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FULL EINSTEIN ON THE BEACH Buenos Aires 2024 Carla Filipcic-Holm

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  • Video Recording from: YouTube     FULL VIDEO

Einstein On The Beach is the first and most famous opera of minimalism, which burst into the genre with a radically new scenic and musical experience. Its premiere in 1976 caused a sensation and its impact has not diminished since then, something that could be seen with the success of this version created for the Teatro Colón in 2023, with Martín Bauer leading a creative “dream-team.” Three narrators and performers, a dozen dancers, a soprano soloist, an amplified choir and ensemble, and the film and opera teams display a true “tour de force” of more than three hours without interruptions.

Repetition to power
By Rodolfo Biscia
Einstein on the Beach managed to redefine the conventions of musical theater until it was almost unrecognizable. Lucinda Childs’ choreography was coupled with the sound trance proposed by Philip Glass and the approach that Bob Wilson deployed through costumes, scenery, lighting, and the expressive economy of movements and gestures.
The work exhibits little in common with what we identify as an “opera.” The actors monologue, the dancers perform very austere choreography, and the vocal performers sing a litany of numbers or the name of the notes they utter. Glass uses electronic instruments, dispenses with high-projection imposed voices, and resorts to vocal and instrumental amplification.
Although everything revolves around the figure of Albert Einstein, he only appears as a historical icon, wandering in similar or incongruous contexts: from a train to a spaceship, passing through a court that in a surreal way can house a bed or become a a prison It is useless to look for biographical details, or a plot or script in the usual sense.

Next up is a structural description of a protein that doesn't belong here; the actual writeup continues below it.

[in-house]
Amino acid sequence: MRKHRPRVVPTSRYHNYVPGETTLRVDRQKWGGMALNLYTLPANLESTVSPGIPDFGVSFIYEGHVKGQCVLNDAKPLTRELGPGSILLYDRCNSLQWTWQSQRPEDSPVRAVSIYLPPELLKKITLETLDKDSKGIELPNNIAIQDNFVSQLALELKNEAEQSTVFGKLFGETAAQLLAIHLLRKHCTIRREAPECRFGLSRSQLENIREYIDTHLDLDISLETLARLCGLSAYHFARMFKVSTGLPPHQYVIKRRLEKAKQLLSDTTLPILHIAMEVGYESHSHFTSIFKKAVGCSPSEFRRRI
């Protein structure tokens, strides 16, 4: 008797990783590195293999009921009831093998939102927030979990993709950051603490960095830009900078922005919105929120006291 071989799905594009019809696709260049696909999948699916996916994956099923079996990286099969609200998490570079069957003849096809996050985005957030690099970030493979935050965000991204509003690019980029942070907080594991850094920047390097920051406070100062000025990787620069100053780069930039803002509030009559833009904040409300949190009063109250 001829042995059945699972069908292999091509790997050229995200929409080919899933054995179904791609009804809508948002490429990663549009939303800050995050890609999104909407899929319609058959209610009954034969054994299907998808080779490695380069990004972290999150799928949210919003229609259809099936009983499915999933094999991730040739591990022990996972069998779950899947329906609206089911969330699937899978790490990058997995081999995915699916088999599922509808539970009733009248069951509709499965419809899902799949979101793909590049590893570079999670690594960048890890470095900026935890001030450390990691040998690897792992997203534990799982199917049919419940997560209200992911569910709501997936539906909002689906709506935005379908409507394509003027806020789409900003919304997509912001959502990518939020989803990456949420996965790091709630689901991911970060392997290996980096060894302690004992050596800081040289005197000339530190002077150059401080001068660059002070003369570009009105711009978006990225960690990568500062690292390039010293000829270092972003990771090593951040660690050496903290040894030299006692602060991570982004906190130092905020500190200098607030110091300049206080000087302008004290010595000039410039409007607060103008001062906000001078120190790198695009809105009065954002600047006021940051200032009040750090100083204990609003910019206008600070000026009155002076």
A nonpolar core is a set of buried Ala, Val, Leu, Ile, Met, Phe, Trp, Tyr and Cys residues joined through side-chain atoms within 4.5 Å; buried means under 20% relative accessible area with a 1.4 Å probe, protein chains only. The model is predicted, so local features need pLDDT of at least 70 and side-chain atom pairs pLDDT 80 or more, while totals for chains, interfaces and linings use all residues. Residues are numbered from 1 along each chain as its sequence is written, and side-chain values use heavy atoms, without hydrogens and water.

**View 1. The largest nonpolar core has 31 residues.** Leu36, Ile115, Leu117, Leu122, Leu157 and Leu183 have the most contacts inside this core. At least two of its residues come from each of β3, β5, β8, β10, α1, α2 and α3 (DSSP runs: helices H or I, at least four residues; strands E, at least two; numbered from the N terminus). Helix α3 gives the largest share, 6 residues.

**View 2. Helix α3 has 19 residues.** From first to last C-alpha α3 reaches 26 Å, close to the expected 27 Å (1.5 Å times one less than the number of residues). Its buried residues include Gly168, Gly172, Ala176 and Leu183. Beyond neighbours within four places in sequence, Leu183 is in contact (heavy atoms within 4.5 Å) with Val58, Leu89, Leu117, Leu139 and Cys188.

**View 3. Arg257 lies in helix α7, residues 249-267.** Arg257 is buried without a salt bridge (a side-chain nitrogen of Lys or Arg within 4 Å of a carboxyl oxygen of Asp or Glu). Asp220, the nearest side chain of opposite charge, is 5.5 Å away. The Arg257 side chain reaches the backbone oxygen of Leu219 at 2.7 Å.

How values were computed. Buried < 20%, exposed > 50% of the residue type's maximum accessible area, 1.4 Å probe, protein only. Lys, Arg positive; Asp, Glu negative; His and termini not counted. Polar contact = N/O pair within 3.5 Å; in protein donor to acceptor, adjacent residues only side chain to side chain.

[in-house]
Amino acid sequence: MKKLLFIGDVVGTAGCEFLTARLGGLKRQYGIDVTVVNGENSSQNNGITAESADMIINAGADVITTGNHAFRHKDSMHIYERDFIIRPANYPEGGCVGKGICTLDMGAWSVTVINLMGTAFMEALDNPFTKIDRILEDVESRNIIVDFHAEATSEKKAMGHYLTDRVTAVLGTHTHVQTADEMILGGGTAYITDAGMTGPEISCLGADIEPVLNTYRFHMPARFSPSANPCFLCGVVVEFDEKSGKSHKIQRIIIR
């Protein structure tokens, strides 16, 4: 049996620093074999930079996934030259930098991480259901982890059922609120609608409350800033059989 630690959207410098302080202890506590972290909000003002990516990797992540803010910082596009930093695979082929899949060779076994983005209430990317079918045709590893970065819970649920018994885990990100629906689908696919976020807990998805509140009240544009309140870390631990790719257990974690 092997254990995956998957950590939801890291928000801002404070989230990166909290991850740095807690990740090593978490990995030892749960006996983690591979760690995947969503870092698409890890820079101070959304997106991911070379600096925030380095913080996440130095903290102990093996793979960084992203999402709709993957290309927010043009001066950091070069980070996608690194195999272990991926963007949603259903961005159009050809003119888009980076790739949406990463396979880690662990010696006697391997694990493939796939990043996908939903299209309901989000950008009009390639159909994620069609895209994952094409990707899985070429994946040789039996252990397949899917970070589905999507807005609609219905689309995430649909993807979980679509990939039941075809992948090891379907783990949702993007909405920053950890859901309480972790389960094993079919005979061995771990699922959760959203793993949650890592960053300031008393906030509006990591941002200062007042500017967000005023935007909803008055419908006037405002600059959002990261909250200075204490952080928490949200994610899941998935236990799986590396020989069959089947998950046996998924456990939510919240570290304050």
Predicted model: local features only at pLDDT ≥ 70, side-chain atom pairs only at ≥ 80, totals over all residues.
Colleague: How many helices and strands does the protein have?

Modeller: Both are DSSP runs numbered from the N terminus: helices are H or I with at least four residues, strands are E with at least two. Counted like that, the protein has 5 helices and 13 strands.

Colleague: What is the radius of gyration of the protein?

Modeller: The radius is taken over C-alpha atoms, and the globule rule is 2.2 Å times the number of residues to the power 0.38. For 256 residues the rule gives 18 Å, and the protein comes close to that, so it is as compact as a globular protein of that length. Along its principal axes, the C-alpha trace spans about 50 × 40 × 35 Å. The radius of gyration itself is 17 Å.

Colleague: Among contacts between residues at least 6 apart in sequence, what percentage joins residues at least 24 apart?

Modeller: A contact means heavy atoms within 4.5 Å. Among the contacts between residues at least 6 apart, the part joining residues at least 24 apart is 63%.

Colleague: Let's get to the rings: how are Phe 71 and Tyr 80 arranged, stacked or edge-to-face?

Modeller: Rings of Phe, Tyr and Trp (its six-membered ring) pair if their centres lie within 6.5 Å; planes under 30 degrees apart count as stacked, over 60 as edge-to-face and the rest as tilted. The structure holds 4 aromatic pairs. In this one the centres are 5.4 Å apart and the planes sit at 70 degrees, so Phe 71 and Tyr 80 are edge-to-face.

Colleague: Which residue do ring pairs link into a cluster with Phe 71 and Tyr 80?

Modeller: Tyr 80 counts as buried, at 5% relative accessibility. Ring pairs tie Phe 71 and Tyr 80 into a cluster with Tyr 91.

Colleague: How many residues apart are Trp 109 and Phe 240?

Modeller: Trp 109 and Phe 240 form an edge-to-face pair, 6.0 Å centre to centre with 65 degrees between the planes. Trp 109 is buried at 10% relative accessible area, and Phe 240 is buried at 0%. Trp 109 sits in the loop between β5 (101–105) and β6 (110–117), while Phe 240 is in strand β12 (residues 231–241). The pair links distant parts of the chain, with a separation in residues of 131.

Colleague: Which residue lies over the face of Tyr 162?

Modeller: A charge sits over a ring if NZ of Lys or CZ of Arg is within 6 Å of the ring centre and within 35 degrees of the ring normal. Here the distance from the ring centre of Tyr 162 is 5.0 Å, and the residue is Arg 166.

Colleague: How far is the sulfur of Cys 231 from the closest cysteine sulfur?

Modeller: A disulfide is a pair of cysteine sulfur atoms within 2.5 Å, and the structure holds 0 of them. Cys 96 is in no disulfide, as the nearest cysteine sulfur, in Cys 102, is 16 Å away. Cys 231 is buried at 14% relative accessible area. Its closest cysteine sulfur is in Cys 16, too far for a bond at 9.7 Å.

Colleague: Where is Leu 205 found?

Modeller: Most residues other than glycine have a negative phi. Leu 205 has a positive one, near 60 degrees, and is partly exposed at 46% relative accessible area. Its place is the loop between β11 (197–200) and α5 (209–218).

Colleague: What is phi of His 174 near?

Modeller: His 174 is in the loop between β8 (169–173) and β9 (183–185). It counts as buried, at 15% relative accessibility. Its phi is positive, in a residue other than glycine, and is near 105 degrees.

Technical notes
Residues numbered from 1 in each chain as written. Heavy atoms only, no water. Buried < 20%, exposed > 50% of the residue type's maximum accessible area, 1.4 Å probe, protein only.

The redundant and the unexpected

Musical minimalism usually arranges groups of instrumentalists and performers in the manner of a “sound installation,” and often aspires to the literality of meaning, rather than any symbolic or programmatic evocation. It is limited to limited melodic material and a constant rhythmic pulsation, and proposes an unexpected return to consonance and diatonism. The most notable feature of this music is, after all, the presence of repetition as a structuring element.
The scenes follow one another ceremoniously, constructed through very simple harmonic progressions or additive – or subtractive – modules repeated with exasperation (detractors will say: to the point of nausea). Although we always hear the same patterns and matrices, they are still the subject of incessant transformation.
Among other things, this novel organization of musical discourse represented a reaction to the complexities of postwar serial aesthetics. A fundamental idea in the construction of a twelve-tone series is that under no circumstances should any of its twelve notes be repeated before all of them have already appeared, simultaneously or successively. The opposition of principles is evident: while serialism avoids repetition, minimalism celebrates it, with enjoyment and compulsion.
Despite its apparent simplicity, this trend would represent a greater break with tradition than that produced by twelve-tone serialism. Minimalism would have managed to put in crisis the usual balance between identity and difference: that balance between the redundant and the unexpected that characterizes much of the music that is considered valuable.
The paradox is that, by enthroning repetition, this proposal ends up demanding more from the listener even when it seems to demand less. In other words, it demands an increase in sensitivity to changes in a context of extreme redundancy.
Like other major pieces of this musical trend, the work challenges us to sharpen our perception. It may be that, to the attentive ear, discrete transitions sometimes become radical changes: at these thresholds we will have to look for the epiphanies that minimalism – minimally – promises.

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